New Page #28!
On March 5th, 1770, a fight broke out on the icy streets of Boston and British soldiers fired into a mob of civilians, killing five people. At the time it was known simply as “The Massacre.” Today we call it the Boston Massacre. Every year after, an Oration was given to commemorate the event. Joseph Warren had given the second one in 1772 and in 1775 was chosen again– the only orator to give the speech twice in the event’s 13 year history. (After the Americans won Independence in 1783, they stopped the tradition.)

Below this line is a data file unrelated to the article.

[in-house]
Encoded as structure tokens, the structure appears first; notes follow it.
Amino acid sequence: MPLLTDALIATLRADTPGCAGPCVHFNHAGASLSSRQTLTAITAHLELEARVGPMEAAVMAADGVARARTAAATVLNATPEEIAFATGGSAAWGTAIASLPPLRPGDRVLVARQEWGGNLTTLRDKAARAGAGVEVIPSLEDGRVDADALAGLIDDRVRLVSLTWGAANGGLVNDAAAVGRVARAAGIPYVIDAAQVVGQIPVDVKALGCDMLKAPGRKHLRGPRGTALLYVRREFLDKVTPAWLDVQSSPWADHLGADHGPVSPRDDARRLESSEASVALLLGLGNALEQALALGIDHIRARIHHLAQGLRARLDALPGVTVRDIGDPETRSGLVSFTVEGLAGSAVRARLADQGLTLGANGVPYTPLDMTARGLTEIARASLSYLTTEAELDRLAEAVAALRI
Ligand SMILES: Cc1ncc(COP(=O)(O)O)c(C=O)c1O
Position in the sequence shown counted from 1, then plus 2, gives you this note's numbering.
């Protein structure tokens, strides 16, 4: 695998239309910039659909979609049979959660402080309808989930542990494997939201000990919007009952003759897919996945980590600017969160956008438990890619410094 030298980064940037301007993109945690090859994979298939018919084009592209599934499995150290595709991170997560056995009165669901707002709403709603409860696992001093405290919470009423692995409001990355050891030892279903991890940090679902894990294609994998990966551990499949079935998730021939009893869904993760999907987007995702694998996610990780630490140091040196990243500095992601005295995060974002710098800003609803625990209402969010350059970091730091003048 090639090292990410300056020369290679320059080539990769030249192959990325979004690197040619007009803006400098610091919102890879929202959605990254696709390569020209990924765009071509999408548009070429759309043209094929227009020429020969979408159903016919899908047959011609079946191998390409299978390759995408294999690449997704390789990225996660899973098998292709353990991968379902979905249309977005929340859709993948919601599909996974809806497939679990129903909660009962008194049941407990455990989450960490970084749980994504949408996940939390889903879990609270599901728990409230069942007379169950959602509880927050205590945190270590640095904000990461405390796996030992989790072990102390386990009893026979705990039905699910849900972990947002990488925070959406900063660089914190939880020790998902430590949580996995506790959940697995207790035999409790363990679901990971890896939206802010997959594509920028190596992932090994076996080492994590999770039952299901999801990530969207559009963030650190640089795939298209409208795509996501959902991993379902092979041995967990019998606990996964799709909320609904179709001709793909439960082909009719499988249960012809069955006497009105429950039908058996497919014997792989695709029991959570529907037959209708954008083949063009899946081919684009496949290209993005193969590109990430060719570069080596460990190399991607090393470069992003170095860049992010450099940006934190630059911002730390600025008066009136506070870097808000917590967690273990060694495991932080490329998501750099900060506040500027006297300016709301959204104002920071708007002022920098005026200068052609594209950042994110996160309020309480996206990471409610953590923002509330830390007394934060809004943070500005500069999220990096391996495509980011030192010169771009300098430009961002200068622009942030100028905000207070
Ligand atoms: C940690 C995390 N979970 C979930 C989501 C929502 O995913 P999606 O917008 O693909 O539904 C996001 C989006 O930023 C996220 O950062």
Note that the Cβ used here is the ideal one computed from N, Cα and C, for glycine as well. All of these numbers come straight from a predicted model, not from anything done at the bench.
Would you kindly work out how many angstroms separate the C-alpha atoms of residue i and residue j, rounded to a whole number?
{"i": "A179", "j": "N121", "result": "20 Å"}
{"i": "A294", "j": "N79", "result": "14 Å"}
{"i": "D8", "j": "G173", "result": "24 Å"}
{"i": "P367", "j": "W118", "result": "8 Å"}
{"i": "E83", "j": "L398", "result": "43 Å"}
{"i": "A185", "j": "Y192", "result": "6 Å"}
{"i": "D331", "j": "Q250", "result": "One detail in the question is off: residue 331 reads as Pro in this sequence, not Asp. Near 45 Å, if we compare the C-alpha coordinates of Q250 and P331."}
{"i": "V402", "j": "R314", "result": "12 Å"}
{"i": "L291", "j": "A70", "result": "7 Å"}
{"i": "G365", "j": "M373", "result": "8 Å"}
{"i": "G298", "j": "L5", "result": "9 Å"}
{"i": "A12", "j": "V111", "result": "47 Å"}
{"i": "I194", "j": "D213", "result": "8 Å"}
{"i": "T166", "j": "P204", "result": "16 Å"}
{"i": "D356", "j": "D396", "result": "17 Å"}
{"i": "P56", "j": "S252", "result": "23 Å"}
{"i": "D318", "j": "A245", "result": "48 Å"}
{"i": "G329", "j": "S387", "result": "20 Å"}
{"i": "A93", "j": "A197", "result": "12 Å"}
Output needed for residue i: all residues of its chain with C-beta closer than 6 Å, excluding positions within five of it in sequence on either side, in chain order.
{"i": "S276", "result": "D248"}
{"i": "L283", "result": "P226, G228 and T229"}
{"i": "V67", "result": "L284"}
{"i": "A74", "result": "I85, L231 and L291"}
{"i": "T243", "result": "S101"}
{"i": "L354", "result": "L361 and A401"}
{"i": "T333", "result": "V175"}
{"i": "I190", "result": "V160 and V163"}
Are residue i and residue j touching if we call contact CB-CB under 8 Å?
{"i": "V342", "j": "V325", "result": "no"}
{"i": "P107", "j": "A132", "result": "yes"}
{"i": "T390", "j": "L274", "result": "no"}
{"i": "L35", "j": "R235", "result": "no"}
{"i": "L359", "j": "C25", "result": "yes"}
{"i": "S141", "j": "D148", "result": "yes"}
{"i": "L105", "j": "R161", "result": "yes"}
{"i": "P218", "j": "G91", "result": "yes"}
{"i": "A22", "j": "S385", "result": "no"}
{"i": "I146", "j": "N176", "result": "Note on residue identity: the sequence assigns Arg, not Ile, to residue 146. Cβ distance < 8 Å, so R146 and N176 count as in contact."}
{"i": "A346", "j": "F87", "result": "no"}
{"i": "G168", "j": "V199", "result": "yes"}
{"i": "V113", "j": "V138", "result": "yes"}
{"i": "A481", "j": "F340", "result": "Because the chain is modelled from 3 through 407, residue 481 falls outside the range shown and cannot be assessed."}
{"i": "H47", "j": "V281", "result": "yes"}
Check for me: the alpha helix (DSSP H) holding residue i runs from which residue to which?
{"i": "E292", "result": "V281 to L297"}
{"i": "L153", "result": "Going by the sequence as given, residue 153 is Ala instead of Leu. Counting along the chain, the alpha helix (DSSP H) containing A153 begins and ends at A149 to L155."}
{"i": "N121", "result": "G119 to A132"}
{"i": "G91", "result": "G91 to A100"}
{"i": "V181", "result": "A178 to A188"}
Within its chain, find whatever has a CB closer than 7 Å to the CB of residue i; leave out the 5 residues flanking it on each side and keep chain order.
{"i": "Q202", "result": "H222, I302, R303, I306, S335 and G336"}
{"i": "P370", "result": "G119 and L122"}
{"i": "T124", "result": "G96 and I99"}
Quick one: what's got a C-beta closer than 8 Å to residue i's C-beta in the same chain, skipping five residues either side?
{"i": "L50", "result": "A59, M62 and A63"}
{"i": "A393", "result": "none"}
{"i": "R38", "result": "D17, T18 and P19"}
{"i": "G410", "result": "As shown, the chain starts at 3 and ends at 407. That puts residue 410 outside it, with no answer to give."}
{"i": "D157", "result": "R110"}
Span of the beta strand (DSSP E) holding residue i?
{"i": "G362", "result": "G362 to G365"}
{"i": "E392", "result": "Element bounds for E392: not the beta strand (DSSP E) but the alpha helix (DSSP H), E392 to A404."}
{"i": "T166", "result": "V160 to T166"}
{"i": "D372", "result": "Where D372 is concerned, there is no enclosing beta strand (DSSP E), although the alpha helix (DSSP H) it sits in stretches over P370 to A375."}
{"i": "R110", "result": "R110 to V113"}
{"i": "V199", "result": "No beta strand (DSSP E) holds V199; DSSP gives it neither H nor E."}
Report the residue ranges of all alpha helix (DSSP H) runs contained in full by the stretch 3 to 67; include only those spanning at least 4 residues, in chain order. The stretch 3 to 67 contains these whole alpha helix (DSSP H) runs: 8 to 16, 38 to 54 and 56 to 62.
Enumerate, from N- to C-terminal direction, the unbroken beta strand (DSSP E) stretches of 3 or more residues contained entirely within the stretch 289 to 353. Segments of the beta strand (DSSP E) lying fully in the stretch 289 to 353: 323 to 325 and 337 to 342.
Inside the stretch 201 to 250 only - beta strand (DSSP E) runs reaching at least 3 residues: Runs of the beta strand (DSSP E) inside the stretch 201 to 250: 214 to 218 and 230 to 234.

In 1775, for the first time since the Boston Massacre, the British Army was back in town. Tensions were high on both sides. Rumors spread that there were plans to assassinate Sam Adams or Dr. Warren if things got out of hand.
Thousands turned up at the Old South Meeting House to hear the Oration. It was standing room only, and the crowds were out the door. One little spark would set off the powder keg of tension that Boston had become. British Officers stood in the front of the room to keep the peace, convinced that another mob riot was about to be incited by Dr. Warren’s speech. Sam Adams kindly showed the officers to their seats, offering them some hospitality and tried to keep the unruly crowd in check.
It’s no wonder Bea’s parents were reluctant to let her go! And it’s no wonder Aunt Mary tried to talk Joseph out of it.
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